Here we go.
Went to Singapore for the past four days, stayed with Adeline, who brought me around. Muchos gracias, Leche!
After a fiasco with my ticket with Philippine Airlines for the 8:30am flight to Changi Airport which I will not go into detail, I waited in NAIA till the 3pm flight. Arrived in Singapore in the evening, was picked up by Adeline and her dad, who drove us to their house, where I met her sister and her mother and had local Singaporean fare for dinner. (Food will be a pretty prominent theme throughout the trip.)
Left the house a bit late in the morning; contrary to what some people might think, it was not I who woke up late (hehe). Took a walk in a nature trail close to Adeline’s house and went to Bukit Chandu.
Bukit Chandu is a memorial to the siege of Singapore by the Japanese on WW2. It has a pretty good exhibit in the building.
Afterwards we had lunch in a Hawker’s Centre. (I can’t believe S’pore’s food hawkers have actually been organized by the government; they have a “Centre” in a few areas. Litter-free too! That’s not a congregation of shadow-economy hawkers who have to pack their stalls and run when the police comes – it’s an open-air food court!)
We went to the National Museum of Singapore after lunch, but the rain caught us on the way, and I was too drenched to take a photo before taking shelter in the museum. There was a temporary exhibit of Maria Theresia of the Hapsburgs of Austria with a live string quartet performing. Then we went to the museum’s permanent exhibit of the history of Singapore. The country has a really young history, even if you include its pre-colonial times (during the early records of pre-colonial Singapore, the Philippines was already colonized by the Spanish), and I think that’s why what they had was really squeezed and milked out by the museum to the extent that there was too much of the same thing. It really was an extremely substantial exhibit, but we were starting to get tired around half of it and we started skipping a lot. Still, though, great learning experience.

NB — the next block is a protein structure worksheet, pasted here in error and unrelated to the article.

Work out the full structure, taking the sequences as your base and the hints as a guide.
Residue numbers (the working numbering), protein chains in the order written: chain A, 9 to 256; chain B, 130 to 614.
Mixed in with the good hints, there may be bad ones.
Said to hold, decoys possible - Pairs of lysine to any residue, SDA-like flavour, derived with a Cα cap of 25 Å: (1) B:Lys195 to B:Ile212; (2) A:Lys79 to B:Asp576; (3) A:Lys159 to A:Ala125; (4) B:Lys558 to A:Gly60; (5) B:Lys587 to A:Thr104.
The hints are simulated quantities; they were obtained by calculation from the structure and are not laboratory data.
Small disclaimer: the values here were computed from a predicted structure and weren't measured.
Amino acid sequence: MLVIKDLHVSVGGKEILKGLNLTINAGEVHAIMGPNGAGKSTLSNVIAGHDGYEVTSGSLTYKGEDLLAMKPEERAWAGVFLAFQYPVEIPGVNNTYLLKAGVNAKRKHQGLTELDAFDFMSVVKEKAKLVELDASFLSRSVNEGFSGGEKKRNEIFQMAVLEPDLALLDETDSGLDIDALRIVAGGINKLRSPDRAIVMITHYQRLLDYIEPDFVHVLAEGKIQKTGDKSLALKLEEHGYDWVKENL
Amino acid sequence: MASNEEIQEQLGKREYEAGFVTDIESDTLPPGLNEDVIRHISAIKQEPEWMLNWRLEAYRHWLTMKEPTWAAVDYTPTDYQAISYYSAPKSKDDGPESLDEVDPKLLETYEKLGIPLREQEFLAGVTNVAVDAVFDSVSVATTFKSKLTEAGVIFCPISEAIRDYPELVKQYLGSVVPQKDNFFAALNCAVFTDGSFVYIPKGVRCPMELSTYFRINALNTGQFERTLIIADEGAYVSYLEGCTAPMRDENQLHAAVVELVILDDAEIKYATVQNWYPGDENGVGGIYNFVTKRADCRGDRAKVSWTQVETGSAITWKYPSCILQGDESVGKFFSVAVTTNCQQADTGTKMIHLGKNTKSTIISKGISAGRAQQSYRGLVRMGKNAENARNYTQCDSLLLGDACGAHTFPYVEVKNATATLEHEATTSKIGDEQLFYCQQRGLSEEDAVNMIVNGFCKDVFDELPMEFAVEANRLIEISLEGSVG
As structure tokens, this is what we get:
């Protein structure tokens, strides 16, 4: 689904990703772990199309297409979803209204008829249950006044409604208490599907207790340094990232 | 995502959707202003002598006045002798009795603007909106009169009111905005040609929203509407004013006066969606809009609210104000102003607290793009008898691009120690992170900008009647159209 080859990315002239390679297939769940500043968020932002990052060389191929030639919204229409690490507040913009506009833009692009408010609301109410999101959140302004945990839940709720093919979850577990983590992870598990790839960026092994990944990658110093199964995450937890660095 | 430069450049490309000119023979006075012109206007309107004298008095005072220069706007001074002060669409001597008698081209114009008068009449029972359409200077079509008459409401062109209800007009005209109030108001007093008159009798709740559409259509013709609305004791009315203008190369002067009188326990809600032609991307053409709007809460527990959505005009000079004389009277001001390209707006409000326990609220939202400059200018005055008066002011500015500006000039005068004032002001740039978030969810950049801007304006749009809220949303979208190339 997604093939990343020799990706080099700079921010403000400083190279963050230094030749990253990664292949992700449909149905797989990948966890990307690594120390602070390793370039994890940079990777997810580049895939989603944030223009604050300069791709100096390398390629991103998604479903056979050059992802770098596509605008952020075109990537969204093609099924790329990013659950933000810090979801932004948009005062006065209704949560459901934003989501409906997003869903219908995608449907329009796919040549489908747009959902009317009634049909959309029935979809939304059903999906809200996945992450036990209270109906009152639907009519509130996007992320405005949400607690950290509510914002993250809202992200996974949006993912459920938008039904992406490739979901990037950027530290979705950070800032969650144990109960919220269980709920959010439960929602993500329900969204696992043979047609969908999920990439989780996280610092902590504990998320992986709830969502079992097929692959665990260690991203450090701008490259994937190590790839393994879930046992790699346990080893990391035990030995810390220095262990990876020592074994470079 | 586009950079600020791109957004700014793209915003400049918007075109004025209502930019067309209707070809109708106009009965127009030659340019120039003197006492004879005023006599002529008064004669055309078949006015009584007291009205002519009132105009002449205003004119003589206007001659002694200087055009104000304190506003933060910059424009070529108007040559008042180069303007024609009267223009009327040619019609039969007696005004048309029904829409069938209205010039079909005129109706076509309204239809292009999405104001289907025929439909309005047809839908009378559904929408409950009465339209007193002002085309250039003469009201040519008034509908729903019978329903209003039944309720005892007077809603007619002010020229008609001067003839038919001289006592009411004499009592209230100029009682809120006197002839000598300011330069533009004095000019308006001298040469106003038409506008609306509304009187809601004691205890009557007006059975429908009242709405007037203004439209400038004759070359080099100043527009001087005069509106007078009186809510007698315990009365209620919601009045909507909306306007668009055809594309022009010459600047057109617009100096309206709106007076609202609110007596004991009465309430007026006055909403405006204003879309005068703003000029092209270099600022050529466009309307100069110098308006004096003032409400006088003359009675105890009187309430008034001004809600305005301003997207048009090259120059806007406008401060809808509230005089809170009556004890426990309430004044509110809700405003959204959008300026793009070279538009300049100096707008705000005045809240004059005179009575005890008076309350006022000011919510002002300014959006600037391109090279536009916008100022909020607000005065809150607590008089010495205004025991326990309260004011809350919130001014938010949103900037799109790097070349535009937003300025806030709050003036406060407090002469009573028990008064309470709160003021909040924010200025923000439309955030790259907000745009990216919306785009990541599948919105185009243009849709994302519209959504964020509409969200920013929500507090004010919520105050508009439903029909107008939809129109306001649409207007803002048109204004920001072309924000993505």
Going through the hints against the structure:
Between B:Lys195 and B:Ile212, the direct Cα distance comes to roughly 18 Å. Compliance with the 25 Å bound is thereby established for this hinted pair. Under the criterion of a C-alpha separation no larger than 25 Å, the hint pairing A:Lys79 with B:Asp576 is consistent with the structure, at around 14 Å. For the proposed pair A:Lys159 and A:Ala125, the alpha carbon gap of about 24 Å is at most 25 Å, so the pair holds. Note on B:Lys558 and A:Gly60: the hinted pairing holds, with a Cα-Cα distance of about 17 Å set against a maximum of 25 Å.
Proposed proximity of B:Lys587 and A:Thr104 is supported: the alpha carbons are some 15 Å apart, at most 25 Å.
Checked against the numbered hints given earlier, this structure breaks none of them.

After which, we went to the Raffles Hotel, probably the most famous hotel of Singapore. Writers like Rudyard Kipling, Somerset Maugham, and Joseph Conrad had resided there before.
Chijmes Hall; it doesn’t hold services and it’s more like a church-for-rent for weddings and recitals.
The Esplanade, where we met Melissa for dinner in another Hawker’s Centre.
This one’s pretty hard to miss.
…began with me tagging along with Adeline to the new campus of National University of Singapore and sitting-in my first and last class in law on insurance, for two hours. Then we went to the old campus to check out the main library and the other faculties, such as…
I did consider applying to NUS once. That’s probably where I would have landed.
We met up with Adeline’s friend for lunch in Vivo City, a new mall; she would tour-guide us to Sentosa. After much looking around, we finally found the monorail to Sentosa.
Such is the view of Sentosa from the monorail.
The Merlion in Sentosa.
Obviously not of the Southern Hemisphere, as Adeline had thought. *chortle*
POV looking to the Sentosa mainland from the southernmost point of continental Asia.
Chinatown afterwards, upon coming back, where we had a bit of dessert. Cleanest Chinatown I’ve ever been, without the trademark smell of grease. Met Melissa for dinner again.
Adeline’s mom drove me to Changi Airport, I boarded the 1pm flight, read P.G. Wodehouse’s The Coming of Bill, and came back home.